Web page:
A little white Chapel among the green shrubbery.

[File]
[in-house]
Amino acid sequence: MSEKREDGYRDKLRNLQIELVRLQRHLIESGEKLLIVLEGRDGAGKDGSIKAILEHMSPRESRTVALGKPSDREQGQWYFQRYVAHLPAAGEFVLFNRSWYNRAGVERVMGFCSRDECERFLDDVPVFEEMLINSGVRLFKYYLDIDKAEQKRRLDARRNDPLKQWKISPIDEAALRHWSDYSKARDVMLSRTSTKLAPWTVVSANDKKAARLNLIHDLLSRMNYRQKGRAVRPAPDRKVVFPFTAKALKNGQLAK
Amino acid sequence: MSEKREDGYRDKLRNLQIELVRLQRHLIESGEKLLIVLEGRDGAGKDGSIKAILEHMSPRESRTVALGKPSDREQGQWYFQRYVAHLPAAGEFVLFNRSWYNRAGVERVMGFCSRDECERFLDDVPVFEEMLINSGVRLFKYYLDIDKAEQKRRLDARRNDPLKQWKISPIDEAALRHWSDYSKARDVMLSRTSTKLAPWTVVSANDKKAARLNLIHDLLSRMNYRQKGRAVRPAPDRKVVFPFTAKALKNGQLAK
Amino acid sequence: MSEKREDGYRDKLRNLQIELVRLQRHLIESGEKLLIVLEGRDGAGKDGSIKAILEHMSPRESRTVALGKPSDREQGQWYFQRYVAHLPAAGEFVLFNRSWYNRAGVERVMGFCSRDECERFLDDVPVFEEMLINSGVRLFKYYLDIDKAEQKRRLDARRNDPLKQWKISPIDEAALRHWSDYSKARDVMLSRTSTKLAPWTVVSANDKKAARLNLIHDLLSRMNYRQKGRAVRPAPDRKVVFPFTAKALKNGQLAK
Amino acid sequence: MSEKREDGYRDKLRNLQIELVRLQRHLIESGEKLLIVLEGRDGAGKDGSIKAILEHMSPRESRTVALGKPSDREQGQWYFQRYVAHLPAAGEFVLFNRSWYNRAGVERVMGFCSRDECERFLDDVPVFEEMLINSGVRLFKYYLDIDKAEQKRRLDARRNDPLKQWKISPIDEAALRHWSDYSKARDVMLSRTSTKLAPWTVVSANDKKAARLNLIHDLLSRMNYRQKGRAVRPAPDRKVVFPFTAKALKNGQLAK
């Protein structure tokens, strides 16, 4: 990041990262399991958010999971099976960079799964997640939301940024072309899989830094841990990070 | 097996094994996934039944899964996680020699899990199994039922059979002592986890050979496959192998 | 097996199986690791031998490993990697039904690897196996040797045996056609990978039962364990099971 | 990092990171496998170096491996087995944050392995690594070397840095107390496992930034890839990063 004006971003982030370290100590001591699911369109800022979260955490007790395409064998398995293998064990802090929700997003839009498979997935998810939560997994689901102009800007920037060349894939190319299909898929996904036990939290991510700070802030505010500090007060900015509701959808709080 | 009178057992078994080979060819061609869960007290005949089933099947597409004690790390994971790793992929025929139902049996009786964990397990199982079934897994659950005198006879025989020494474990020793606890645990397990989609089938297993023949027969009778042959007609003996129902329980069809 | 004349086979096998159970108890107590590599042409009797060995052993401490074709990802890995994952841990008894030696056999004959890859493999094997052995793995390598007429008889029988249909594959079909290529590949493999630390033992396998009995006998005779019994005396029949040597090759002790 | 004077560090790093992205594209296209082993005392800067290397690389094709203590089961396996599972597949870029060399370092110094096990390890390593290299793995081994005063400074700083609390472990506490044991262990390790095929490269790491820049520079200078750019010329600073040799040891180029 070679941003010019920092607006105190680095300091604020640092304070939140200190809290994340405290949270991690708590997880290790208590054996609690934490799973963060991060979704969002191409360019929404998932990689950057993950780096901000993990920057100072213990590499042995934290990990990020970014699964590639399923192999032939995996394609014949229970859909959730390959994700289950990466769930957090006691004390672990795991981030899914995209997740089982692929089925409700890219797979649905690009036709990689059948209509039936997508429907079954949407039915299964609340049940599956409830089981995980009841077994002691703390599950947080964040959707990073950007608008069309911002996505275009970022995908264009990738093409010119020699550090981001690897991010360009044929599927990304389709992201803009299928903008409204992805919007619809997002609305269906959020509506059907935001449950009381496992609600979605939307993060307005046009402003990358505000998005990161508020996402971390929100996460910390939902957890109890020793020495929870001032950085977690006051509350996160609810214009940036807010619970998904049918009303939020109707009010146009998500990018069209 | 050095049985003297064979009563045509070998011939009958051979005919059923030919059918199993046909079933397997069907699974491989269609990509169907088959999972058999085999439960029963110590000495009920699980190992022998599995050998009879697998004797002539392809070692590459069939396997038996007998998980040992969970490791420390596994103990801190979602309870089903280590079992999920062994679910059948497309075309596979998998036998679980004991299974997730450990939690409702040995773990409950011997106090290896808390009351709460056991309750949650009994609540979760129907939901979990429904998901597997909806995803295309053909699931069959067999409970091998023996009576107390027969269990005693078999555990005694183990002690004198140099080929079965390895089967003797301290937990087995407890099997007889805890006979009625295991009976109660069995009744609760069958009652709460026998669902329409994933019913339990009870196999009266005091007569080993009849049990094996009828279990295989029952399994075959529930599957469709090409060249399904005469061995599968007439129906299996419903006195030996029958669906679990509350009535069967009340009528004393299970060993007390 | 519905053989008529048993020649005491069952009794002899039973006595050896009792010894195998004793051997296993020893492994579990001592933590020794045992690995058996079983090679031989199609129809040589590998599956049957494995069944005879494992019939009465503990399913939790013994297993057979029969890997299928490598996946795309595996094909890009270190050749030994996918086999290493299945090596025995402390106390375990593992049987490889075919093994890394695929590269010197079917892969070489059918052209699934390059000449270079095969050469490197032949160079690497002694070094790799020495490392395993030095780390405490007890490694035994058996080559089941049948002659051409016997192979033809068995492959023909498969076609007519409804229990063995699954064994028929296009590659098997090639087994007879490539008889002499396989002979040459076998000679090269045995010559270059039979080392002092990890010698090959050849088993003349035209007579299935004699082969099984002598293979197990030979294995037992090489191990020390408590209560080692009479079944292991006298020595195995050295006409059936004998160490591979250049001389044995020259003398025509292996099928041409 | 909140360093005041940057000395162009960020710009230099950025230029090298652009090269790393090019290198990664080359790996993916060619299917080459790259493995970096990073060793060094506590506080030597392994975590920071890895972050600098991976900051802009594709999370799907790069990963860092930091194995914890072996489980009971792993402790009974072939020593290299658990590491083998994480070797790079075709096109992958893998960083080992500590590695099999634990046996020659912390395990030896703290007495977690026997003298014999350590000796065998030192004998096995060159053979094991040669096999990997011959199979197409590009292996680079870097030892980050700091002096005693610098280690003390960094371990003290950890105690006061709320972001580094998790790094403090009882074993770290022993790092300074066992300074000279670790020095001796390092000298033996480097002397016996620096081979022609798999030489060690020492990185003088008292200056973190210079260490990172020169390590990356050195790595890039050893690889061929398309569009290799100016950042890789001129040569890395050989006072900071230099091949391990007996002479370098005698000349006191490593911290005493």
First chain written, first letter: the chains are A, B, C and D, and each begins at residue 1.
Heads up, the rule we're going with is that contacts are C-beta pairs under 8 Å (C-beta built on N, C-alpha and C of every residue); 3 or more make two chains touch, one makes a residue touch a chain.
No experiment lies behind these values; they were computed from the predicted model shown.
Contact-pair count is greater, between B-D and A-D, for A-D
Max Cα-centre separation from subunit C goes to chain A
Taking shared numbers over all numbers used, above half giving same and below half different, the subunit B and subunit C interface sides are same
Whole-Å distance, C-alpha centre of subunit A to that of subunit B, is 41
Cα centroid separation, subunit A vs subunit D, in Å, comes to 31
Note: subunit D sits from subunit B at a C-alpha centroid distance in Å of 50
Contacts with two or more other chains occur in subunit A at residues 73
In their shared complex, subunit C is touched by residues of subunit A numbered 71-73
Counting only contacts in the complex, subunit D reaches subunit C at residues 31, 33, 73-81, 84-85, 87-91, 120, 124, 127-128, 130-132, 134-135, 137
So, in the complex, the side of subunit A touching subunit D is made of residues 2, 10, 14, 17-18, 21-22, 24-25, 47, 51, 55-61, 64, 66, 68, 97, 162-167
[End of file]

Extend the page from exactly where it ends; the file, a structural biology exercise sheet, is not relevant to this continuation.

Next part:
It was Miss Oakely's wish for the school to have a chapel. The school and girls raised money for years along with donations from parents, old girls and friends of the school for the Chapel fund as well as gifts for the Chapel. The architect was Mr P.W. Rule. The foundation stone was laid in 1944, the nave and sanctuary dedicated in December 1948 and the building was consecrated in 1955. The chapel bell is from the vessel Zealandic which carried emigrants to New Zealand at the end of WWI. The tapestry kneelers were hand embroidered by many of the girls. An inter-house speech competition was held to select a name for the chapel. Reasons for naming include: Anthony a follower of St Francis of Assisi was kind to all he met, no local church had been dedicated to him and his Saint Day on 13th June falls during the school term. Mrs Maclean and Miss Fanny Shand, the original founders of the School were at the dedication in 1955. In the 1960s the wooden Processional Cross was hand carved by Mrs Mary Raymond from an old jarrah gate post that was lying around Timaru and later in 1971 Mrs Raymond carved the lectern pieces. An organ fund was commenced in 1946 and an organ was designed and built by the Timaru firm, the South Island Organ Company (their first) and dedicated in 1971. In the early 1970s Mrs Gypsy Poulston was an art teacher at Craighead and designed the bright stained glass window with thick glass and earthly shades at the bottom, to purple and blues near the top and absolutely clear glass in the centre circle. She said "Light contains all colours and this perfectly clear central point symbolizes the Light of Truth with all its complexities and different perceptions." The pieces of Normandy glass were set in five long panels by the Miller Studios of Dunedin and the window was install in 26 May 1973. Reference: Chapter 3 - Craighead, 1911-1986 : the first seventy-five years complied by Patsy McKenzie, 1934- , Craighead Diocesan School. Jubilee Committee.